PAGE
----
Technically, the Killdeer bird is classified as an upland shore bird.
Most peoples introduction to this bird is a nest found in the middle of their driveway. For me, when I see the first one of these birds at the local lakes I visit, I know Summer is on its way.
The Killdeer measures about 11 inches in length. Both male and female have two dark bands that stand out against a white neck background.
These two dark bands make it distinctive from other North American Plovers.
An orange to brown rump identifies this bird while in flight. A brown back and brown wings provide the camoflauge it needs when feeding and and nesting on the ground.
Both male and female look similar. Juvenile birds also look like adults but the edges of their back and wing feathers are more buff in color.
The young also have a single neck band while the adults have two. At their first prenuptial molt, the second collar band will show. This generally occurs in early spring.
The Breeding time for Killdeer begins in March if they are in the south, while in Canada it can run into June before breeding begins.
The male selects a nesting territory and may make several deppressions in the ground for future nesting.
Courtship may include aerial displays in view of prospective females, bowing dances done on the ground near nest site selections also occur.
The male is also well known for loud calling to attract females.
The pair is monogamous during the nesting season and may nest tegether in successive seasons. The courship displays happen whether the pair have mated in the past or not.
Up to 2 broods raised each season but new nest are built for second brood. Killdeer will return to the same habitat from year to year if nesting is successful.
Nest site habitat is varied. Even though they are shore birds, their nesting sites can be found away from water.
Golf courses, short grass prairies, even rocky areas such as your driveway may be used to nest.
Both adult birds participate in the nesting cycle. A slight depression is made in the ground which may be lined with pebble and grass.
The female will lay from 3 to 5 eggs that are buff in color and heavily spotted or mottled. The average clutch size is 4 eggs.
Incubation is provided by both adults and last about 24 - 28 days. This is longer than most backyard birds.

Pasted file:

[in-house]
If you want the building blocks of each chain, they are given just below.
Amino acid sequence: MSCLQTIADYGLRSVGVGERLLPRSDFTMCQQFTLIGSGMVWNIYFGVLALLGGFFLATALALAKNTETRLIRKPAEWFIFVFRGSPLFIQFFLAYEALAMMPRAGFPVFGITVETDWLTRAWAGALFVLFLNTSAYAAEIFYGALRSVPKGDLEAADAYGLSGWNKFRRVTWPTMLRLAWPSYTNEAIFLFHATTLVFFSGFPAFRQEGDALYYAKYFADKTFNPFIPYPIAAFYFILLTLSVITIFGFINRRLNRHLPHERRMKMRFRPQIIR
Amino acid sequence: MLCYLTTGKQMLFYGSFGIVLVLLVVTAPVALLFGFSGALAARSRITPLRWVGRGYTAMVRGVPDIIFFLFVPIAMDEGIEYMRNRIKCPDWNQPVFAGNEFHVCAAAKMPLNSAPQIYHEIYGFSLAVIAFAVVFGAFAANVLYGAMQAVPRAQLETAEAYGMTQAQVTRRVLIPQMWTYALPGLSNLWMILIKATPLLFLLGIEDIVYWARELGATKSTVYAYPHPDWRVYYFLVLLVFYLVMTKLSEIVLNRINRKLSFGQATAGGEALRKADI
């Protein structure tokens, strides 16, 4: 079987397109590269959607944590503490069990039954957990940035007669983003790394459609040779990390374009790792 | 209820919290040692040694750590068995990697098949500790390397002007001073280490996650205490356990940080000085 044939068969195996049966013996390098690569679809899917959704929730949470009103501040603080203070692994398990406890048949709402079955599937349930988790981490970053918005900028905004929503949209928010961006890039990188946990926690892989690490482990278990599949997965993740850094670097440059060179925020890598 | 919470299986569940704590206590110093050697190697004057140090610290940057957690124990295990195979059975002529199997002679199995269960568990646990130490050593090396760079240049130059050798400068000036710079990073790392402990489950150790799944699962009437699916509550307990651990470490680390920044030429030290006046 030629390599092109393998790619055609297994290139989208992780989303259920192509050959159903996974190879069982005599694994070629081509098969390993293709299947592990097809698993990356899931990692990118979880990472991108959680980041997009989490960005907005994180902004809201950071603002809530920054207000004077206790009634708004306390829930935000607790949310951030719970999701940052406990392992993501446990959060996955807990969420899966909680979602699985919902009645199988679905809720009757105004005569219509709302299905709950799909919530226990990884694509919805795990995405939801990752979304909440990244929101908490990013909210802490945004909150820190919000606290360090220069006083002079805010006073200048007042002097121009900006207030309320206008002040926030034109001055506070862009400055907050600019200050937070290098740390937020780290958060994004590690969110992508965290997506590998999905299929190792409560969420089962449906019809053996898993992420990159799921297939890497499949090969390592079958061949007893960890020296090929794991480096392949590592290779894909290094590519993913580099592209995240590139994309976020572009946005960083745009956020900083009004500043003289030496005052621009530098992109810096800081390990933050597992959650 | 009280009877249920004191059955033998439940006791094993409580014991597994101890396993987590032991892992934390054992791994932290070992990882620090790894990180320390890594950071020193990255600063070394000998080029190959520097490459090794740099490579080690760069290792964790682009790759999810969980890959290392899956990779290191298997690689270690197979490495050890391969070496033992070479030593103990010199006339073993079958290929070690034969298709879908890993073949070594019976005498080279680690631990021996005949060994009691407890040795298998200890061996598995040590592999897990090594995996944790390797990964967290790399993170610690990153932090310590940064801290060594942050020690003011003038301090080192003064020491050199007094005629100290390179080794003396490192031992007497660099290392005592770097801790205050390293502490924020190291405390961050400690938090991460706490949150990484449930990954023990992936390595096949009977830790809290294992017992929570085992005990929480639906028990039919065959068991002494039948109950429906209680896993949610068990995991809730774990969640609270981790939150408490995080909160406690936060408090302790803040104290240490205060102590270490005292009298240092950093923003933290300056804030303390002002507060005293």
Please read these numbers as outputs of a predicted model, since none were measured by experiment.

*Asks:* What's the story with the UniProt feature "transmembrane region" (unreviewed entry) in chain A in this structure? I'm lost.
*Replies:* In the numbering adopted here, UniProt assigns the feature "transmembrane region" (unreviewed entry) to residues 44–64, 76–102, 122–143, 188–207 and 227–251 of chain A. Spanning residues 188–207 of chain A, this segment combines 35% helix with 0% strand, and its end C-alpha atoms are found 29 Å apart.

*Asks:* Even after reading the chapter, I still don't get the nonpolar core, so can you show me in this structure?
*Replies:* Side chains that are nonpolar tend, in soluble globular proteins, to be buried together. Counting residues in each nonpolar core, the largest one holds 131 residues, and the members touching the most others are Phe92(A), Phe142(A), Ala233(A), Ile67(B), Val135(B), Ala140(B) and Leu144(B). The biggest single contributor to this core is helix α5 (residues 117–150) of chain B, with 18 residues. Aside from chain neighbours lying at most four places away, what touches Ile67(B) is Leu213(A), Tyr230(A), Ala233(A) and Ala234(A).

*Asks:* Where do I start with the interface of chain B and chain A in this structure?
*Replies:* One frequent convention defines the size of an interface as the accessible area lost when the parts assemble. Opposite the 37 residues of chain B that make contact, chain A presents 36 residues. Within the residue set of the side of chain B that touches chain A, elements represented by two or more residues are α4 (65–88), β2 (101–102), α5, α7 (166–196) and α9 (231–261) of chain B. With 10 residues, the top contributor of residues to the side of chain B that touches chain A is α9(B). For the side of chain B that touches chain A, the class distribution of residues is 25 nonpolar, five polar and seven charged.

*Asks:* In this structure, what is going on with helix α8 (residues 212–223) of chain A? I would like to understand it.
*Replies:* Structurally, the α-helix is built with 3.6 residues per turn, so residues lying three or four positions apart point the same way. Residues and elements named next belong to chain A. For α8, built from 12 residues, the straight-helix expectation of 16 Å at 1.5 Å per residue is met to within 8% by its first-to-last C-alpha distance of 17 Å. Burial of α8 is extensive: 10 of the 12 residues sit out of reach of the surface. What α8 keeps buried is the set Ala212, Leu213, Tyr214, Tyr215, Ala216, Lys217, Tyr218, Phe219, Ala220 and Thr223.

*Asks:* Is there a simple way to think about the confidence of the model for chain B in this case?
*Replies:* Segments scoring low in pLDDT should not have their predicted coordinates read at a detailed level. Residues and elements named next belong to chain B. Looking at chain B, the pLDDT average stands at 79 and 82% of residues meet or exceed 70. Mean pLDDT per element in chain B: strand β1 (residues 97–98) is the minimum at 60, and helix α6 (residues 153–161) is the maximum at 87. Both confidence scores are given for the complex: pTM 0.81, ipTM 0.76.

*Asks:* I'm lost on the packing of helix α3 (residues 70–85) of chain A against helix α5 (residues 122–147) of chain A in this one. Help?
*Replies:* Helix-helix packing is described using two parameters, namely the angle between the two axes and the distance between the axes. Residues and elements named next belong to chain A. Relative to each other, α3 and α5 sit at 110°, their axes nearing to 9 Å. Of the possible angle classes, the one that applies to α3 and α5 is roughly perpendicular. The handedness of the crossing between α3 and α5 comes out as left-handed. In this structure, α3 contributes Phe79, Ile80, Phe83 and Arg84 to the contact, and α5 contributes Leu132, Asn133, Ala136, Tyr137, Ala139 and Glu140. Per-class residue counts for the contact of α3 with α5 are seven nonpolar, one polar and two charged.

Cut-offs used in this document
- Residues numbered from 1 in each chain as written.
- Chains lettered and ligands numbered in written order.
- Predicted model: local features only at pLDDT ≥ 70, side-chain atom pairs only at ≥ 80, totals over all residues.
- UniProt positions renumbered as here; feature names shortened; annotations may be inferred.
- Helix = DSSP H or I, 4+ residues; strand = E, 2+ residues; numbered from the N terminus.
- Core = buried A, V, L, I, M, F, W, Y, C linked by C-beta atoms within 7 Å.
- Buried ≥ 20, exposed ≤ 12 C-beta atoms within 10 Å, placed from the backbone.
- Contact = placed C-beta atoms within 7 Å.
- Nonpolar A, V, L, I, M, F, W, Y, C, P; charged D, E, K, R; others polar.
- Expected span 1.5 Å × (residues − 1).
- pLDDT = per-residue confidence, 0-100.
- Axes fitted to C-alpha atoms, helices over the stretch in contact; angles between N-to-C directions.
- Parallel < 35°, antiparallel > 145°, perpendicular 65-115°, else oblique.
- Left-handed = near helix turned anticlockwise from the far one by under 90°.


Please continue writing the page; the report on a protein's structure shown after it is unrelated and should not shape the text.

This longer time is necessary for the growth of the chicks as they will leave the nest as soon as their down dries.
The young are prewired to know what to eat and begin searching for food soon after they leave the nest. The young will follow the adults during this time.
Of course, Killdeer are famous for their predator-distracting display. Other birds also use an "act of injury" to draw predators from nest sites also.
This behavior usually includes dragging a wing on the ground drawing the predator away. When predators are far enough from the birds nest, the adult bird will fly away.
Feeding mainly on insects, these birds diets include, mosquito larvae, beetles, fly larvae, grasshoppers and sometimes berries.
Killdeer often nest in driveways or other areas around humans that may not be safe from harm. So, can you move the nest?
The best thing to do is create a barrier around the nest site such as some type of fence. This may deter domestic cats and dogs from getting too close.
The Migratory Bird Treaty Act states that it is unlawful to move an active nest of a protected bird. (the Killdeer is protected) As the author of this website, I have to point that out.
I have known of people moving nest a few feet (5 feet) while the female was watching without nest abandonment.
Others have shared that they've been able to move nest a few feet each day until the nest was out of danger. These particular nest were going to be destroyed if they had not been moved.
I brought this topic up because I get this question a lot regarding this bird. Seems they're always nesting in someone's gravel drive.
While Killdeer have been recorded living 10 plus years, the average lifespan is 3 - 5 years.